Well after a bit of a break I’m back with what might seem like a bit of a tedious subject of paint for green screen backgrounds, more over, the difference between DIY paint and professional video paint.
This is something which has been bugging me for a while, why is the “professional” paint more expensive and meant to be better than just normal DIY paint you can get from your local hardware store, after all it still just green paint, isn’t it?
Well yes and no. Yes the greenness or purity of the green is important but its not just the colour which you need to get right for good chroma key work, its also the way the paint reflects light back from the surface to the camera. More importantly the evenness of the reflected light which will make a big difference as to how good a key you can pull with the least amount aggressive adjustment in the keying software..
Just like the evenness of the lighting used is important to help reduce hot spotting, if the paint does not reflect the light in the most diffused and even manor you will have almost the same problem as having poor lighting.
In the video I have two panels one painted with a DIY mix and match paint from Dulux and the other with a professional chroma key paint from Rosco. I show with the aid of technical tools like waveform monitors and some extreme tweaking in Adobe After Effects to show what you cant easily see with the naked eye or even tools like the Green Screener app which is one of my favorites for getting the lighting of green screens right.
Although my studio setup is very simple and not very challenging to get a good green screen background, if you have something like a 3 or 4 surface setup like two or three walls and a floor, all painted green like the image from Qcumber Studios below then you’ll need all the help you can get to achieve a well balanced chroma key. The last thing you need is for the paint its self to become a problem because its not reflecting it back in a uniform manner and creates hotspots due to the way does or does not diffuse the light from its surface.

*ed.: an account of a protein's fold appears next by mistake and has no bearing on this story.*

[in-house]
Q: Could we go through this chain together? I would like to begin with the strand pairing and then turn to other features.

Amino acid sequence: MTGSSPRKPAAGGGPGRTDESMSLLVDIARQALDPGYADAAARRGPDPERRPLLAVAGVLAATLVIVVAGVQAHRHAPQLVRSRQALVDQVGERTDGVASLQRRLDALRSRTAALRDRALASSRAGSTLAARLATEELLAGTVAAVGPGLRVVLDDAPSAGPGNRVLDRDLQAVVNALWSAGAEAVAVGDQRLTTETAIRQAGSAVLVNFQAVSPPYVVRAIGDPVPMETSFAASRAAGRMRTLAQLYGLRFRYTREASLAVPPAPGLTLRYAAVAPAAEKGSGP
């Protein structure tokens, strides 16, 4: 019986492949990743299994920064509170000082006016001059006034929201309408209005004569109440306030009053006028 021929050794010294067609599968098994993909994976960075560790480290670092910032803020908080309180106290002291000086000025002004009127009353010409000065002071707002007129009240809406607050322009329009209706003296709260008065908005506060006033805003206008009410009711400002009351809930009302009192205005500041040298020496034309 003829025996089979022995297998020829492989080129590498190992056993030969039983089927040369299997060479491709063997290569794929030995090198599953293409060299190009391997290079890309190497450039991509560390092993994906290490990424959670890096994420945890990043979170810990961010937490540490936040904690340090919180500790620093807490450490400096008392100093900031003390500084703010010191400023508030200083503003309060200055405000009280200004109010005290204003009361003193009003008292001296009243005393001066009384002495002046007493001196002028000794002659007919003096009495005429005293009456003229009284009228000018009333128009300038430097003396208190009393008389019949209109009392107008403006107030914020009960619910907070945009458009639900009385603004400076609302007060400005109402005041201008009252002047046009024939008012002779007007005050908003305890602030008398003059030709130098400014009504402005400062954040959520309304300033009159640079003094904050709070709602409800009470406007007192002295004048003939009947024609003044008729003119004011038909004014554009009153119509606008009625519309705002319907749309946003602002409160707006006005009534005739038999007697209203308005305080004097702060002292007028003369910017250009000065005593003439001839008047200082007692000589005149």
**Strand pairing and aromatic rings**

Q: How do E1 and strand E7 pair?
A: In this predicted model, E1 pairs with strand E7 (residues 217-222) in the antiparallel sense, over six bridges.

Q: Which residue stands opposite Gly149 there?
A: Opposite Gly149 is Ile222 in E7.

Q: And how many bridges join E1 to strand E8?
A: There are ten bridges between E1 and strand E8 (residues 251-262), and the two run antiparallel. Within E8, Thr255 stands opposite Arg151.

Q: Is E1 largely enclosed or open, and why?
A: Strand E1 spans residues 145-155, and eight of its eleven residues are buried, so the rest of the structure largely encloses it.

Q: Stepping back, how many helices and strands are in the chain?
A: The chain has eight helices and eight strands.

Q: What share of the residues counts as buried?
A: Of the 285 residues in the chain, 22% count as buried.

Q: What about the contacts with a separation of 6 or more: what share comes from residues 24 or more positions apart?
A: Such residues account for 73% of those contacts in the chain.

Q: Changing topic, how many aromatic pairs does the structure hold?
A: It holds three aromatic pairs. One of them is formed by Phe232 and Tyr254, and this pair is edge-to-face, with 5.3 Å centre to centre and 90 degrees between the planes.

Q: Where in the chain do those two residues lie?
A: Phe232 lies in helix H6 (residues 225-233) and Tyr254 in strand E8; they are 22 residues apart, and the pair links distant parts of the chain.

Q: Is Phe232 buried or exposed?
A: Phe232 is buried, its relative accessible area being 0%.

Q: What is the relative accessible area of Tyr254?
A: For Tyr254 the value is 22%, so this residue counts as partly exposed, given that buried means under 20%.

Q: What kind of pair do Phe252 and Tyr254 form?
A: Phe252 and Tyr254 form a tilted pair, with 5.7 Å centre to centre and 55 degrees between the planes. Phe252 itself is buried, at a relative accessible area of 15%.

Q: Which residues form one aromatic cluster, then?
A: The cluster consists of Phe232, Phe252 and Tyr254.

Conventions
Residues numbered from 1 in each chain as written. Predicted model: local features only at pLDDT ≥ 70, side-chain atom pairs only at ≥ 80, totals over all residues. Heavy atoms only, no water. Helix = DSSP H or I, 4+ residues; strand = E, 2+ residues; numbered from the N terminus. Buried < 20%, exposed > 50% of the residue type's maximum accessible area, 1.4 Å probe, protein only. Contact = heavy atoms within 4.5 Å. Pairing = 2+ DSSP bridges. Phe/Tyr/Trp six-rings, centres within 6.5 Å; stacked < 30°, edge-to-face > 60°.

As a bit more back ground info about the panels and paint, i painted three 8′ x’4′ foamex sheets. The Dulux DIY paint needed 3 coats to get a good solid colour and used just about 2 litres. The Rosco professional paint was a bit thinner and need 4 coats to get the same solid colour and used just under 2 litres.
The lights used were my two x 5′ lighting setup I have used in another video http://video-alchemy.com/green-screen-lighting and they were setup to get the best lighting according to the Green Screener app.
Something which is new is that this was filmed with my Panasonic Gh4 in 4k UHD and recorded in 10 bit ProRes 4:2:2 HQ with an Atomos Shugun, this gives a very clean artifact free video image ideal for chroma key work.
The quality of this pairing is really quite amazing and gave me what looked like an equal quality to the Sony A7s which what i was going to use but the small form factor of the GH4 meant that i had less issues with a shallow depth of field that i would of have with the full frame A7s.
Something which is also apparent is that when you get a really good video source even tools like Ultrakey in Adobe Premier can give you some very good results which are almost indistinguishable from the likes of Keylight in After Effects in the end result on Youtube to almost everyone viewing it. Towards the end of the video I’m using Ultrakey to do the chroma key removal with the two colour green background and if you open it up in full screen in 1080p HD on Youtube you can see how clean the edge is even with this less than ideal duo green background.